Forbes Magazine has a #LifeHacks piece called 4 Critical Things To Do Before Becoming A Caregiver. It is concise – almost a simple checklist of ways to prepare “General, Legal, Medical and Financial” documents and plans before becoming a care giver to a family member.
Ideally, discussion and preparation should go on while the family is in good health. Spouses should talk about plans as they age; extended families should talk things out with parents, grandparents or other aging loved ones. Families like ours, engaged in long term care of a special needs child, need to get ahead of these matters as well.
Unfortunately, care giving falls into many lives without time to prepare, as the result of a catastrophic illness or accident. This article will still serve as a valuable resource, even under difficult “catch up” conditions.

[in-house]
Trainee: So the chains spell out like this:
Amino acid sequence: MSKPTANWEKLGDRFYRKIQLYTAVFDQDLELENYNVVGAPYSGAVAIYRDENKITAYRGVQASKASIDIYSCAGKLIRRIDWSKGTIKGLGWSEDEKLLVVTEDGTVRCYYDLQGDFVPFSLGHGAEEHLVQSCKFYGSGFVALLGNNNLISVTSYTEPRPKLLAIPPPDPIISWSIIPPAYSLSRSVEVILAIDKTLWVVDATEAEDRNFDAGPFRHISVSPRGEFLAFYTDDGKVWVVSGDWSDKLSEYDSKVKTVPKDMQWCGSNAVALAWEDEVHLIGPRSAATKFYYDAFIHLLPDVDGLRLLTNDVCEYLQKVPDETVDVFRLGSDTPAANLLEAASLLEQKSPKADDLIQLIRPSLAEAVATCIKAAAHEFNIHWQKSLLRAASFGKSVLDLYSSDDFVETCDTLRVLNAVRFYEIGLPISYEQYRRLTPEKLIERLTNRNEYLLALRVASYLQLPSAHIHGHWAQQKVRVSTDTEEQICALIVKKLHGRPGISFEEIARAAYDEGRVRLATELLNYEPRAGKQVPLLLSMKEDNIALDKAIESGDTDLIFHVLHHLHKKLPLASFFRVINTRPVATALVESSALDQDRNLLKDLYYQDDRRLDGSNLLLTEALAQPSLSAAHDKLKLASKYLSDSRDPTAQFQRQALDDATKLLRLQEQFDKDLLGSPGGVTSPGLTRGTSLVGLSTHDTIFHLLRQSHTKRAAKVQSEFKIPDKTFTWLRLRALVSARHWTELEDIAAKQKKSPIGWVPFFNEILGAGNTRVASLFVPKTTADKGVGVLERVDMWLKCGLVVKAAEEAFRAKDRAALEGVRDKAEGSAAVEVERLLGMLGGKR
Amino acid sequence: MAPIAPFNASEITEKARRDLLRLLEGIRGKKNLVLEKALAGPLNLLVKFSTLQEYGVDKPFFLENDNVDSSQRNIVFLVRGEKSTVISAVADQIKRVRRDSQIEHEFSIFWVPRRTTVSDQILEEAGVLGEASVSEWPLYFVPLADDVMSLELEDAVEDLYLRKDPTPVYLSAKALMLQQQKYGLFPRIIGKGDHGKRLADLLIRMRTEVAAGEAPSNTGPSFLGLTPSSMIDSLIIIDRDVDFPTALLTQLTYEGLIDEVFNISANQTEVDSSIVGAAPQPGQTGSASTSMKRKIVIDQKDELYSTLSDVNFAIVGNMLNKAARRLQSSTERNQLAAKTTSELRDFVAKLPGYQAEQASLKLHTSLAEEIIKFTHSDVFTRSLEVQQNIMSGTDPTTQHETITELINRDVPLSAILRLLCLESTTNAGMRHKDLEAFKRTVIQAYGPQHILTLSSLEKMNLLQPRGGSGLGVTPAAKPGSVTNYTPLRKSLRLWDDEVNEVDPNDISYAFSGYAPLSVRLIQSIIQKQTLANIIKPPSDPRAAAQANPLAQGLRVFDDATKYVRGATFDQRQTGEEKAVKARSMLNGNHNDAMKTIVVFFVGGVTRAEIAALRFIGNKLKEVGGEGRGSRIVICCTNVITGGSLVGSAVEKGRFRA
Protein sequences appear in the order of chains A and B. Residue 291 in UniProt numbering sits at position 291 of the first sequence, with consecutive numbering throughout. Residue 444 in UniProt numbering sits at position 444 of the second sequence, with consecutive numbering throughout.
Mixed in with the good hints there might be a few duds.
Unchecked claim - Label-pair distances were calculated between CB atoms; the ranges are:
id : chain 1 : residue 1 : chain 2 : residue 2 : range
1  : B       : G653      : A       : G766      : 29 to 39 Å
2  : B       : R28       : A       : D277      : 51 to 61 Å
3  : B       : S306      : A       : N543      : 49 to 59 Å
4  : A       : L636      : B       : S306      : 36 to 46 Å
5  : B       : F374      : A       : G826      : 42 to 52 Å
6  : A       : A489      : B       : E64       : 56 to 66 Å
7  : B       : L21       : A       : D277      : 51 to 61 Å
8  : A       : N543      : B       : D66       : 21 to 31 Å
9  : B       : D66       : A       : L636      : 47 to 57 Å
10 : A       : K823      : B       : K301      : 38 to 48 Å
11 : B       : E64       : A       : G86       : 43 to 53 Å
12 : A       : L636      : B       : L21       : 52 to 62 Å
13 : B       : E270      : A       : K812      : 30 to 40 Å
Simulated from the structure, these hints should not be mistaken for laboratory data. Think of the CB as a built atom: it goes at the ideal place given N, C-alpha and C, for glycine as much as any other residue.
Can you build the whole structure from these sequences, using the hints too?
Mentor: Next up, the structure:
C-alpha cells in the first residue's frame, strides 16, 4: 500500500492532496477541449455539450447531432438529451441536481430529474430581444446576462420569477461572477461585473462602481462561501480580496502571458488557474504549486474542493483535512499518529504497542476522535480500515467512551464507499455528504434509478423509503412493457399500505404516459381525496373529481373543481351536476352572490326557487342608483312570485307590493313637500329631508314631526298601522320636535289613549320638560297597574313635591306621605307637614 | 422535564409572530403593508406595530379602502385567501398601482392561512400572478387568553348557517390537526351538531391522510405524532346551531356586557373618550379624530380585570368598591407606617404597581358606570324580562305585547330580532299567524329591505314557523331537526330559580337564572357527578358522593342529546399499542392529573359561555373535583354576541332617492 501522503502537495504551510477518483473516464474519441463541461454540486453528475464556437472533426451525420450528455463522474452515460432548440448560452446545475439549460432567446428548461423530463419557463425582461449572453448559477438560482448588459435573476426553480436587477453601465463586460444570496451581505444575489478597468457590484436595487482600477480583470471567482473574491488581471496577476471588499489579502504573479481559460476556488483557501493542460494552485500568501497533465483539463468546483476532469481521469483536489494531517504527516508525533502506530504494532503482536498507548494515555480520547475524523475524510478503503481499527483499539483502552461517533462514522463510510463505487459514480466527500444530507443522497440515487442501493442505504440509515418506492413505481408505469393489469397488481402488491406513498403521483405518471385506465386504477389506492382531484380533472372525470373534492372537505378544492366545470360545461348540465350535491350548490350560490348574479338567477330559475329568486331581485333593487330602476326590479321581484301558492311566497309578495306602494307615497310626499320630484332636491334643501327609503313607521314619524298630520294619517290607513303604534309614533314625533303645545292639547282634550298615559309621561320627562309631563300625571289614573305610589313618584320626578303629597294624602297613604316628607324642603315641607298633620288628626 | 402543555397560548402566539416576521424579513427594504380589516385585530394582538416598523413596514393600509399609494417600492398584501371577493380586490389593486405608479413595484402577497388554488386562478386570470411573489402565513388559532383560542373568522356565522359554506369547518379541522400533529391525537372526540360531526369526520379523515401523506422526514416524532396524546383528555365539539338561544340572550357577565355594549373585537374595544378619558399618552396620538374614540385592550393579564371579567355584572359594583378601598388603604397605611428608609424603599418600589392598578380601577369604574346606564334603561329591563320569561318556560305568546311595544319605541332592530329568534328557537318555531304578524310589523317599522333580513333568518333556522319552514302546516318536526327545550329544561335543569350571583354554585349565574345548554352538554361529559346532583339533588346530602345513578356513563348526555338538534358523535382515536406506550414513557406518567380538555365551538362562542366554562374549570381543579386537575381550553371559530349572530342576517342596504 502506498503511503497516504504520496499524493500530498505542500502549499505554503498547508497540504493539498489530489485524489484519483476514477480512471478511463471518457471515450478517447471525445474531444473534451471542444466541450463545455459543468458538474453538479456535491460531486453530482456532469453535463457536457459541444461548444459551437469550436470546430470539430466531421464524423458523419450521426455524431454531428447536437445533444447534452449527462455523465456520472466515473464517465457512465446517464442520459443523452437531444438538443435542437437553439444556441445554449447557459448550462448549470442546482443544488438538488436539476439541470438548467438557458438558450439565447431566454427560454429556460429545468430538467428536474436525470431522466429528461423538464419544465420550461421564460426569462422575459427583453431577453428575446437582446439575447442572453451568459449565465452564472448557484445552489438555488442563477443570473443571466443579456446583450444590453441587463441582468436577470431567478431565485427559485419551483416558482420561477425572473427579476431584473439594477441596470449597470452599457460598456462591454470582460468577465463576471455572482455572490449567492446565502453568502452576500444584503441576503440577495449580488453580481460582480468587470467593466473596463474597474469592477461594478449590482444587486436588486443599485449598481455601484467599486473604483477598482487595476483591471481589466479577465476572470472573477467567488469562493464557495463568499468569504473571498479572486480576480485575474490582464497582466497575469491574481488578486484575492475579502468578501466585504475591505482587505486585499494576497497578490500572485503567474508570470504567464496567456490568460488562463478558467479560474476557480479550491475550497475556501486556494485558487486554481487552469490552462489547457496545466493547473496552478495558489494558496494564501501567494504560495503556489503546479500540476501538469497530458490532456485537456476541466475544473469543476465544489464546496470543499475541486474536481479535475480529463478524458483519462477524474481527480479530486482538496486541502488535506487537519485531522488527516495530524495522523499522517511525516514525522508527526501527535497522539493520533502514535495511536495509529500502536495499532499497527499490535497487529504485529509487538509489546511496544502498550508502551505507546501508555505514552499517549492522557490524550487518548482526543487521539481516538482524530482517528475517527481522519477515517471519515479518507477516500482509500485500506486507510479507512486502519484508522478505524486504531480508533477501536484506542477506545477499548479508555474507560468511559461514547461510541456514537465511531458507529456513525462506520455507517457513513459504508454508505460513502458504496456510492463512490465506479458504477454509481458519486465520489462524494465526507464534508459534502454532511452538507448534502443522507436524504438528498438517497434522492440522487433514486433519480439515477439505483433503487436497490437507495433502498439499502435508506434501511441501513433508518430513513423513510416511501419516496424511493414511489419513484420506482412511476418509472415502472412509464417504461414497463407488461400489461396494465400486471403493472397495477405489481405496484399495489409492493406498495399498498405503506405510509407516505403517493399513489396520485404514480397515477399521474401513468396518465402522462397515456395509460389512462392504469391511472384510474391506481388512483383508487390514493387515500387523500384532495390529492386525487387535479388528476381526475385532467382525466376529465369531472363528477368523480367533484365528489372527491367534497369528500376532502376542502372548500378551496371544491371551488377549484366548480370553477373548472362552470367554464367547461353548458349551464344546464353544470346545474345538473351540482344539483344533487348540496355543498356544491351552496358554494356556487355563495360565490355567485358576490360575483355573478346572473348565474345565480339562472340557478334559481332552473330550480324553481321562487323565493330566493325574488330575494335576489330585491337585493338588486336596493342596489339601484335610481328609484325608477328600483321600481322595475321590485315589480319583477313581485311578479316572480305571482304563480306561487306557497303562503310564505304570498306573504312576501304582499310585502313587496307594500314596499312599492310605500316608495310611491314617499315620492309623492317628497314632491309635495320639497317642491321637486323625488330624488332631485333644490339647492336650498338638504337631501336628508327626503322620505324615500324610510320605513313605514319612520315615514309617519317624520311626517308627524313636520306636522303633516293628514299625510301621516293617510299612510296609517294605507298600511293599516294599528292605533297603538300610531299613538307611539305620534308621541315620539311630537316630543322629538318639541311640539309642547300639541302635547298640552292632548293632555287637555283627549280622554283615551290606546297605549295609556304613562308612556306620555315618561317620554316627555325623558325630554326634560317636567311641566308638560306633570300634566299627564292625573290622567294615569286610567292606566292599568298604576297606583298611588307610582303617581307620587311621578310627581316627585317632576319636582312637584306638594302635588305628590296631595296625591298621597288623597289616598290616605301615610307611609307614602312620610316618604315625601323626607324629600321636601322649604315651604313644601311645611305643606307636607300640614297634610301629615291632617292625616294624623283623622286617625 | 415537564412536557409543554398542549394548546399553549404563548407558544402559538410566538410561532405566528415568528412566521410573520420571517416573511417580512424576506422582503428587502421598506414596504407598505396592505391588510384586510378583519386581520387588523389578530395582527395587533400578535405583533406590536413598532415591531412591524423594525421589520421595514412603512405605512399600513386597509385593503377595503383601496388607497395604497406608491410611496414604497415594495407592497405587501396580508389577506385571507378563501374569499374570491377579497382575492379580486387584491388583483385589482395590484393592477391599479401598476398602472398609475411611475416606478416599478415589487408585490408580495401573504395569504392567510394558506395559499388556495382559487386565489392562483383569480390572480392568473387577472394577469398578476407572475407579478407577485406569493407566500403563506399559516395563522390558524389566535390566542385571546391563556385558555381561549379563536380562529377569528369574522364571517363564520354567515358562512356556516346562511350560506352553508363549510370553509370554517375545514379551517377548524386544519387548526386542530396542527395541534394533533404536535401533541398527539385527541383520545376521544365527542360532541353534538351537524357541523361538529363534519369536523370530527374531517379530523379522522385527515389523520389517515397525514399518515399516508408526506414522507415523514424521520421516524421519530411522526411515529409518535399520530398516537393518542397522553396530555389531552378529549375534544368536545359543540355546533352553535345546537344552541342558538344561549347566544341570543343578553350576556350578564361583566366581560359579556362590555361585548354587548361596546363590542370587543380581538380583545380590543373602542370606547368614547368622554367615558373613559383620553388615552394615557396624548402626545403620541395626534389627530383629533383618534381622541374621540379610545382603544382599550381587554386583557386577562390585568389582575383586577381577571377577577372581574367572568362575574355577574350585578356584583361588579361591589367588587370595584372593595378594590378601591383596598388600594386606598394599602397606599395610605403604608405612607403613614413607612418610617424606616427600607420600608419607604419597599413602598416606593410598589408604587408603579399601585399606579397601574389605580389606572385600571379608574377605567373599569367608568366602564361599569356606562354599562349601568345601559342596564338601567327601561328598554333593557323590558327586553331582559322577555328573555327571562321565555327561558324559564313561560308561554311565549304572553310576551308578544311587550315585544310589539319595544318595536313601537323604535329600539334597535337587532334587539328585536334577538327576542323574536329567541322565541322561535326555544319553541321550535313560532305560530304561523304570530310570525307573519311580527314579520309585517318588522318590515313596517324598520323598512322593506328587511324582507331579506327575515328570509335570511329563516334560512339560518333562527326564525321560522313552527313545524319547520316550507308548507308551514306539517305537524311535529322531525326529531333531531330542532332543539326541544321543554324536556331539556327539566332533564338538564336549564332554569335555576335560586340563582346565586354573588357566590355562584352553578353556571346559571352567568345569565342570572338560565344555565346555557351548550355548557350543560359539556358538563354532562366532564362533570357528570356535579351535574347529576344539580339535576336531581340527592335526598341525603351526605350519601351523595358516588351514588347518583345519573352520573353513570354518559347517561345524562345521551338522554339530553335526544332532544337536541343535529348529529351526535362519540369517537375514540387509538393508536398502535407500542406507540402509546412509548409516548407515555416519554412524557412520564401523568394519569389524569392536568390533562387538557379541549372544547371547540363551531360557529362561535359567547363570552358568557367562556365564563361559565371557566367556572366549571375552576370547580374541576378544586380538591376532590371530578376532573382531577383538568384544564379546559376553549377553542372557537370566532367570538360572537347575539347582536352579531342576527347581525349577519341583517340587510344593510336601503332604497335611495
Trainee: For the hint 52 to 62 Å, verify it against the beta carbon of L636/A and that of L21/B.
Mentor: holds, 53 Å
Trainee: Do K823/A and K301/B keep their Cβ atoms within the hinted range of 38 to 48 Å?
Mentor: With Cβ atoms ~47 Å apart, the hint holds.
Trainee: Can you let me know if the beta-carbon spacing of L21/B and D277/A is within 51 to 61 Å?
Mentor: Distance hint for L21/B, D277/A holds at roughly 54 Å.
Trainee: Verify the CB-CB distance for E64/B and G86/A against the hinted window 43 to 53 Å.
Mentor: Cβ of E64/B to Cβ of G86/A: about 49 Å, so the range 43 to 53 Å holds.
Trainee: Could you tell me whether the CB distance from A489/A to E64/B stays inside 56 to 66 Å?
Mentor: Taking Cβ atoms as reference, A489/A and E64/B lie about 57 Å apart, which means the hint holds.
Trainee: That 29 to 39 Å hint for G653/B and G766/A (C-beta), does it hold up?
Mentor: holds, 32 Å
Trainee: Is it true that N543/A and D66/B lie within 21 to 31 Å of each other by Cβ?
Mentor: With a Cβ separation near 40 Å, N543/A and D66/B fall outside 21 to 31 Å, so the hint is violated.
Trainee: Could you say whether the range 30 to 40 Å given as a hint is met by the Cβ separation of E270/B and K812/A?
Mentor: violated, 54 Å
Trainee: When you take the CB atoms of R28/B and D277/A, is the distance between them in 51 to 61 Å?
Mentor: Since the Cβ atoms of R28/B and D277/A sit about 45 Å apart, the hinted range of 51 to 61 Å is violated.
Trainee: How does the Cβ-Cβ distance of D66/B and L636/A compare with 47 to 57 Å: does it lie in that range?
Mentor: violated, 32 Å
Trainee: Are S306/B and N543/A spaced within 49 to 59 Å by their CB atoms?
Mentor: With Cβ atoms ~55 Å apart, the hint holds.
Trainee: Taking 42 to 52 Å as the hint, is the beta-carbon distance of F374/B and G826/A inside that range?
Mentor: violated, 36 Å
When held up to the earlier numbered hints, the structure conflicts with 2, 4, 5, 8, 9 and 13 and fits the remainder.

While the article does mention getting “Names and phone numbers of religious organization and points of contact,” we would amplify this to include discussion and documentation of funeral/burial wishes, whether religious or not. Don’t underestimate the wear and tear on care givers and other survivors;
- the unexpected cost of a funeral, often setting up stress between unexpected price and available budget, leading to guilt and family squabbling;
- the bombardment of questions – “What music at the service? Burial or cremation? Who is going to speak?” – that comes in right when survivors just want to be still, remember and grieve;
- the challenge of providing an event for a large number of people, many of them strangers to the survivors, on short notice;
- oh, so much more.
It is a great gift to the family to have talked out and written down the loved one’s wishes in advance. Most funeral homes and many churches have worksheets that ask all of the relevant questions, and having these available at the time of death takes a great deal of strain off of those dealing with loss.